On many teams, the point guard is considered the coach's proxy on the floor. Davis won't be calling plays, but expect him to be one of Purdue's primary tone-setters while he's on the court.
Basil Smotherman (6'6", 222 lbs., Soph.)
Purdue has landed a few athletic freaks in recent years, but there's usually been something off about them. Most recently, Kelsey Barlow's crises of motivation and inconsistent play made him easily expendable when he started becoming a magnet for off-court trouble.
Basil Smotherman carries no such baggage into his sophomore season. Like Barlow, he loves to bring the highlights, such as this one from his third collegiate game against Rider.
Unlike Barlow, we're not seeing Smotherman coast through his games. The Indianapolis native ranked fifth on the team in minutes last season, coming in ahead of both Davis and Peck, two guys who didn't shy away from hustle plays. Smotherman posted a double-double against Penn State and scored 11 on West Virginia. He didn't adapt well to Big Ten defensive attention, however. Exactly half of his regular-season conference scoring was done in his first five games.
The best sign from Smotherman's offseason could have been his 4-of-7 three-point shooting in last week's scrimmage. Those figures should be taken with a grain of salt, since scrimmages are often designed for players to show off aspects of their game that they're uncomfortable displaying during the season. And uncomfortable is a fine word to use here, as Smotherman attempted a mere 12 threes all of last season. Still, beggars can't be choosers, and Painter will take perimeter shooting from whoever wants to provide it.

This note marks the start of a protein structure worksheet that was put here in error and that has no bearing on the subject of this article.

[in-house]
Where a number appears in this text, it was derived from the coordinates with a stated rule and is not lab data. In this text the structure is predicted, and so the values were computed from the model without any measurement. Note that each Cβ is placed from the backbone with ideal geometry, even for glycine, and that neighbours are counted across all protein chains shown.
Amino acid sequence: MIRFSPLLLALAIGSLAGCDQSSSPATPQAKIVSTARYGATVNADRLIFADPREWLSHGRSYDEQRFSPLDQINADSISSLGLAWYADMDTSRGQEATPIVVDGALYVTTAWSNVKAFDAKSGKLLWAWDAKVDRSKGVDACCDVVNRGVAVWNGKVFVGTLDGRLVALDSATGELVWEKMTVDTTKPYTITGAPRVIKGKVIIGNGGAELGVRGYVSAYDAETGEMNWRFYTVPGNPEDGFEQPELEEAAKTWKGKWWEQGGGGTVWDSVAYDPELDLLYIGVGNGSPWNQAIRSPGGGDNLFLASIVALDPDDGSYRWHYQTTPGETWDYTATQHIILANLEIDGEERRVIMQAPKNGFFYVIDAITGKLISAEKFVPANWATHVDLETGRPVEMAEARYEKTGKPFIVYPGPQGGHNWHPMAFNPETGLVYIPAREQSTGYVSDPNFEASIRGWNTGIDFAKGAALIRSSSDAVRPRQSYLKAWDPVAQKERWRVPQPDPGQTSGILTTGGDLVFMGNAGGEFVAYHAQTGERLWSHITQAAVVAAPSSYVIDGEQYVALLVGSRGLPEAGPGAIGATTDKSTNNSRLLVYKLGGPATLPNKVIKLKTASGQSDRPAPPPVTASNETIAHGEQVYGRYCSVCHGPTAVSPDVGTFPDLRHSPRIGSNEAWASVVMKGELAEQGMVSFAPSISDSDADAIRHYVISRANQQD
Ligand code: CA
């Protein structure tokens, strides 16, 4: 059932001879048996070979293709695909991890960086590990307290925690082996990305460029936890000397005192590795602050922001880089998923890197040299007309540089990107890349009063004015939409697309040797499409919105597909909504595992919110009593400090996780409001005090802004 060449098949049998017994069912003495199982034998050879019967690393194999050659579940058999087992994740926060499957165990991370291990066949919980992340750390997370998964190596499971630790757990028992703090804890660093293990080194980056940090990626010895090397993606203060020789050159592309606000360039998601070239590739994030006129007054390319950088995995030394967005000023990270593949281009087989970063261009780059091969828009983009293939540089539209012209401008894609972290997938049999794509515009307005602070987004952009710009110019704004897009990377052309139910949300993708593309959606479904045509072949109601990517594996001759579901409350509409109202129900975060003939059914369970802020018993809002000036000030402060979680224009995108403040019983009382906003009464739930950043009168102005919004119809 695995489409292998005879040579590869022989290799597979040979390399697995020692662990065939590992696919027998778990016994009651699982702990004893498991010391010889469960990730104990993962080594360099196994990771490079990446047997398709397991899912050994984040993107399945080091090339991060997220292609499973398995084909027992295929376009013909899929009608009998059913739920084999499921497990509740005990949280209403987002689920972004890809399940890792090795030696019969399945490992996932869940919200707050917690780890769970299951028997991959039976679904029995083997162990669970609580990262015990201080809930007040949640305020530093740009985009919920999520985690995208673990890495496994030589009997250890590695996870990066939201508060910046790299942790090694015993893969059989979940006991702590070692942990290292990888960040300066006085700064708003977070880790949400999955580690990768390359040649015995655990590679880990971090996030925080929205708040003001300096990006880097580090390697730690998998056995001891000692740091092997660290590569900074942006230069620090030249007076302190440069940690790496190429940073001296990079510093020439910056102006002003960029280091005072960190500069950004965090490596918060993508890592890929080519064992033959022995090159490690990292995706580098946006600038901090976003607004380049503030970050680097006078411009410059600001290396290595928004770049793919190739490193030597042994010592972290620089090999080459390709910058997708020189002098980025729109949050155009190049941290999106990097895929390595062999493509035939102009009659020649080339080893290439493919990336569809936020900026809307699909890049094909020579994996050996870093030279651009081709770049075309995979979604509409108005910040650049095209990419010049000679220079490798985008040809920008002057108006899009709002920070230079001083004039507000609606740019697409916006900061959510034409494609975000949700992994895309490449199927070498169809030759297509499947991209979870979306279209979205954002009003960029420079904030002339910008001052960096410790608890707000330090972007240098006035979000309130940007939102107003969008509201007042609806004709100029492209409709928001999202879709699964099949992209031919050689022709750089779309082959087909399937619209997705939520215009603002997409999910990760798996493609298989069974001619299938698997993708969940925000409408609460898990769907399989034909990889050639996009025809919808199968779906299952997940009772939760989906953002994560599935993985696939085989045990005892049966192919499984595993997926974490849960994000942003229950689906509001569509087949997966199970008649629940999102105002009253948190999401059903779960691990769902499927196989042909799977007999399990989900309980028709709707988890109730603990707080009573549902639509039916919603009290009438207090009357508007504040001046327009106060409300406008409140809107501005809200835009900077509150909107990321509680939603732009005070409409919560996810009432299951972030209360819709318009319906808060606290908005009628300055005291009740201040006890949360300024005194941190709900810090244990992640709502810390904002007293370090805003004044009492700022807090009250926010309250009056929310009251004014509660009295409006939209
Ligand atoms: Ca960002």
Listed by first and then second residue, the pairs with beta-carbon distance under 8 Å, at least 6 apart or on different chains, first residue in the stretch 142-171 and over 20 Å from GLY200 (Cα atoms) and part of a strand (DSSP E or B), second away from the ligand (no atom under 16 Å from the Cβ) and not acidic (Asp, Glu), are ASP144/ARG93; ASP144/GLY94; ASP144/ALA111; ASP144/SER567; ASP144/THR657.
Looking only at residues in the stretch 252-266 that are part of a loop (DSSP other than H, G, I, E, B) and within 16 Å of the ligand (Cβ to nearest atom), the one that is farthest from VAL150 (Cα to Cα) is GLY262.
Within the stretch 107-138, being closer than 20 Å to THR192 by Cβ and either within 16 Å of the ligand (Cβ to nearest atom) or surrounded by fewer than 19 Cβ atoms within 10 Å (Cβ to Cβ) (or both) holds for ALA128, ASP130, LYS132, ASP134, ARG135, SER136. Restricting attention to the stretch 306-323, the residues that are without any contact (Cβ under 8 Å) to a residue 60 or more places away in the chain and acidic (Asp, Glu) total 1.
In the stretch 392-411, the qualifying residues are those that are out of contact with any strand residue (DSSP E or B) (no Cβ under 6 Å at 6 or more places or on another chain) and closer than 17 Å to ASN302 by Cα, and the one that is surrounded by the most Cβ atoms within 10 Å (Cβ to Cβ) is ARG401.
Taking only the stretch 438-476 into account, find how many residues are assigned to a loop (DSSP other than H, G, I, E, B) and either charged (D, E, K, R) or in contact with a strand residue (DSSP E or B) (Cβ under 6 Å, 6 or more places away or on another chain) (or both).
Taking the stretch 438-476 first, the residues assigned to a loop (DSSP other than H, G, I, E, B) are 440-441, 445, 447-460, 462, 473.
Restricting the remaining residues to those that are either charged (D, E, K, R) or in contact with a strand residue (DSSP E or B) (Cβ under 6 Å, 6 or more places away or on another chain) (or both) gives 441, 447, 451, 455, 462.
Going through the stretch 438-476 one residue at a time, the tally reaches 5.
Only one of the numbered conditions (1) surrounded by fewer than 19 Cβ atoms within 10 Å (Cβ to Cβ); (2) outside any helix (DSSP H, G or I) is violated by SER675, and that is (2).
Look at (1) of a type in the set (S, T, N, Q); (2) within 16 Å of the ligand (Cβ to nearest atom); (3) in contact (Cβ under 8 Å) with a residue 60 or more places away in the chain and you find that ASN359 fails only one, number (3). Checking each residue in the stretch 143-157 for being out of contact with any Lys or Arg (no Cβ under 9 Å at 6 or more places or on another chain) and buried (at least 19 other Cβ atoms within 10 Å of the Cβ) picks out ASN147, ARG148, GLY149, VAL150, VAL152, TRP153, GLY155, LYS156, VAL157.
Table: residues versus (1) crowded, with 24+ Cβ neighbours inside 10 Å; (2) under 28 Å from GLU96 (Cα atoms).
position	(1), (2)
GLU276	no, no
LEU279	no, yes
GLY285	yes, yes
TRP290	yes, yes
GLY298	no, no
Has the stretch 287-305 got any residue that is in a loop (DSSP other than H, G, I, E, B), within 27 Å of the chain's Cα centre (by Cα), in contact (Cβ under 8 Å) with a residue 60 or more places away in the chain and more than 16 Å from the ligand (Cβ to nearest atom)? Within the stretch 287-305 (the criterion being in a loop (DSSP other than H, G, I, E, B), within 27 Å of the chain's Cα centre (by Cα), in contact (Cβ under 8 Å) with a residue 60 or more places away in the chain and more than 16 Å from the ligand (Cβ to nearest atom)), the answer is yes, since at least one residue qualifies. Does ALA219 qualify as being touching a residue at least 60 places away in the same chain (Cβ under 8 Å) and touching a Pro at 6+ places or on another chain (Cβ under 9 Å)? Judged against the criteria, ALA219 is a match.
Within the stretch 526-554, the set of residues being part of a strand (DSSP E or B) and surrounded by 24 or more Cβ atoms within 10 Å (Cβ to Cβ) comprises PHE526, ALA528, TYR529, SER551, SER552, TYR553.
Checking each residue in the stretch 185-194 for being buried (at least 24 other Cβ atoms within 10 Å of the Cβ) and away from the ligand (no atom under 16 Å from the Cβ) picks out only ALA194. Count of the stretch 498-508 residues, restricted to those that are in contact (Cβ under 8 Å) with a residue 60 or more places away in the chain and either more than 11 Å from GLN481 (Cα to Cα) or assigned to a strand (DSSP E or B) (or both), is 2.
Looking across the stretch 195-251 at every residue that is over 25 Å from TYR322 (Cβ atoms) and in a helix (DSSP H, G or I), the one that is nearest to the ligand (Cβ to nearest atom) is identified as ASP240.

Unless that shooting improvement proves totally legitimate, look for Smotherman's minutes to fluctuate as Painter seeks a hot hand to ignite the offense. If neither Smotherman nor Davis can prove himself as a more reliable scoring option, look for one or the other to be exiled to...
Vince Edwards (6'7", 220 lbs., Fr.)
Wait, Edwards is it?
Yep. Told you there still wasn't much depth, unless you want to slot Jacquil Taylor into this mix. Since Taylor is the only real power forward on the roster, he's been included in our man A.R. Holmes' preview of the Boiler bigs. So yes, Edwards is it.
There's a versatility to Edwards' game that Davis and Smotherman currently lack. He's a solid passer and handler with an improving shot and a build that can handle the battles inside. Edwards posted a solid 17 points, six rebounds, three assists and two steals at last weekend's scrimmage, after leading the entire team in rebounding during the first one.
Even if Edwards starts the season as a sixth man, he may not stay there very long. Painter may not be anxious to bring a handful of freshmen off the bench as a second unit, and players like Mathias, Taylor and Isaac Haas either aren't equipped to start yet or have too much competition in front of them. If a freshman is going to become a regular starter this season the way Smotherman did in the middle of last year, it's Edwards. His best-case scenario could put him on the conference's All-Freshman team.